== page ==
Microsoft didnt say at all that they were going to contribute their core software to the open source community and they havent.  Microsoft has helped with several projects that needed it.  Moonlight, open XML translator, ODF Translator for Office and they continue to partner and work with many open source companies.

Microsoft never used the words Open Source or community in the language for the release of the .NET class libraries.

This release is for Windows and .NET developers.  If you are an open source or bust type person this release isnt for you.  If you are looking for .NET for Linux or Mac OS X, this release isnt for you.  If you are a Windows developer who wants to make sure his/her project runs great on Windows and wants to debug against the .NET class libraries source code then this release is for you.

Its very surprising the misconceptions people have about the Novell/Microsoft agreement and about every press release Microsoft puts out about releasing source code.  Davids comment ” I’m the guy on this beat. I talk to open source developers all the time. They don’t like being feminized. They do take this personally.”  Who is being feminized?  Nobody.  Novell and Microsoft are businesses and they make business decisions, their business is to write software.  Novell needs a selling point for their software.  Having patent protection and getting Microsoft as a partner to assist them is a great selling point for customers.  If you dont like the deal quit whining about it.  Use something else but be prepared to start whining again when Microsoft files a patent infringement lawsuit.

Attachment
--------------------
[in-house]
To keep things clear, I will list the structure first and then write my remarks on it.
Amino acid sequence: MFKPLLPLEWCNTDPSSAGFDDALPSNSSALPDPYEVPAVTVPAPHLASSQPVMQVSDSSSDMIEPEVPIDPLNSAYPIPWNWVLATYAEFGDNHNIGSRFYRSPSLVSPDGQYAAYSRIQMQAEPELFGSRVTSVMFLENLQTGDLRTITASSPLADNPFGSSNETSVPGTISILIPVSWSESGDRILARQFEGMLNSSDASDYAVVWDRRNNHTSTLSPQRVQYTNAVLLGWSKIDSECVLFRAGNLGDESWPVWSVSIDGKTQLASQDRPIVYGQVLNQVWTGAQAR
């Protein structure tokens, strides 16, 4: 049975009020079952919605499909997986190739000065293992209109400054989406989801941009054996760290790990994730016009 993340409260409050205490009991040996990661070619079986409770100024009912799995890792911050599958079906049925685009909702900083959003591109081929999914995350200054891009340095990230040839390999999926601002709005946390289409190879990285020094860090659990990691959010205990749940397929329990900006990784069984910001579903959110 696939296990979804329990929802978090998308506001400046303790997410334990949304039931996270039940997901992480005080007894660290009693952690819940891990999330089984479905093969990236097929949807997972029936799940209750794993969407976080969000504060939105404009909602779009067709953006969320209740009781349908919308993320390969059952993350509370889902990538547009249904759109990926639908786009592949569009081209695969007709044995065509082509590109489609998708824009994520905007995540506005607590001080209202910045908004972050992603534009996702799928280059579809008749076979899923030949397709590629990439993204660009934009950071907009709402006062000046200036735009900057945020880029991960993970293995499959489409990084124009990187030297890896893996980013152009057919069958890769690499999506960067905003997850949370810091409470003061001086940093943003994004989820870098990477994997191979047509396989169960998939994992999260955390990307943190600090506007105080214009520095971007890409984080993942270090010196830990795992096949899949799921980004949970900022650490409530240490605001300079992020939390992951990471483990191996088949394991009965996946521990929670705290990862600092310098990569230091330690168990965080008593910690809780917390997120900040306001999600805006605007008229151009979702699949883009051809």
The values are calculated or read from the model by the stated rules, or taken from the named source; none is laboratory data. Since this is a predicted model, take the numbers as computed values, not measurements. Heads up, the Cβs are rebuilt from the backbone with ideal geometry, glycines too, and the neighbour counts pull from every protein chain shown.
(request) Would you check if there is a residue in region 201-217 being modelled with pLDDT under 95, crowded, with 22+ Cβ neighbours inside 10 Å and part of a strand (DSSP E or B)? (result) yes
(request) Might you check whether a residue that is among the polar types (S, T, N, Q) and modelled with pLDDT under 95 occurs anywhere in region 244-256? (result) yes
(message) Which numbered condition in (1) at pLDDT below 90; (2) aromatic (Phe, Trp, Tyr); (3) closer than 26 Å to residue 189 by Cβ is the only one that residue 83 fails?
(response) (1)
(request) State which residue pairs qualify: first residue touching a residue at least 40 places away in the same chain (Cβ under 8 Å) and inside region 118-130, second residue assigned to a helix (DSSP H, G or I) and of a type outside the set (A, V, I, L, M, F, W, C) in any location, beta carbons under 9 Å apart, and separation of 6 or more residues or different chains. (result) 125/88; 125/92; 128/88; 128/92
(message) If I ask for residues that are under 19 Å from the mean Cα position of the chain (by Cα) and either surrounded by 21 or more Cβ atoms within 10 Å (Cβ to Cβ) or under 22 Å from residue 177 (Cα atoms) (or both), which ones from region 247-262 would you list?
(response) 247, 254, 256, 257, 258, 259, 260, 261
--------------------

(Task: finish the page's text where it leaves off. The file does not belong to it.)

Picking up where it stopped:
Obviously a few people in the open source community do not have the competence to understand business.  Some in the community see Novell, Linspire, Xandros and LG as unfavorable because of their respective deals with Microsoft.  Its their own fault.  If the open source developers dont like just anyone being able to take their software, change it, redistribute it, monetize it and make money off of it then the solution is easy.  Dont put it under an open source license.

Open.NET: Is it really open source? October 4, 2007

Posted by rjdohnert in Opinions.
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Microsoft announced today that it was open sourcing the .NET Framework.  Is it really open source?  No and the funny thing is it was never intended to be considered open source. 

Everyone has their opinions.  Even Robert Scoble, the ex-microsoft guy who was never a developer seems to think this was an open source move.

Microsoft released this under the Reference license.  This is the key word here, Reference.  It wasnt released under any of the truly open Shared Source licenses.

This helps developers in several ways the most important being that they can write better applications.  This move is a win win for Microsoft.  They maintain control, there is no chance of an official fork unlike the case with Java and its a win win for developers so that their applications are better and they have a way to access the source code for more complex projects.

 Of course its from Microsoft, so expect some whining from just about the entire Open Source community.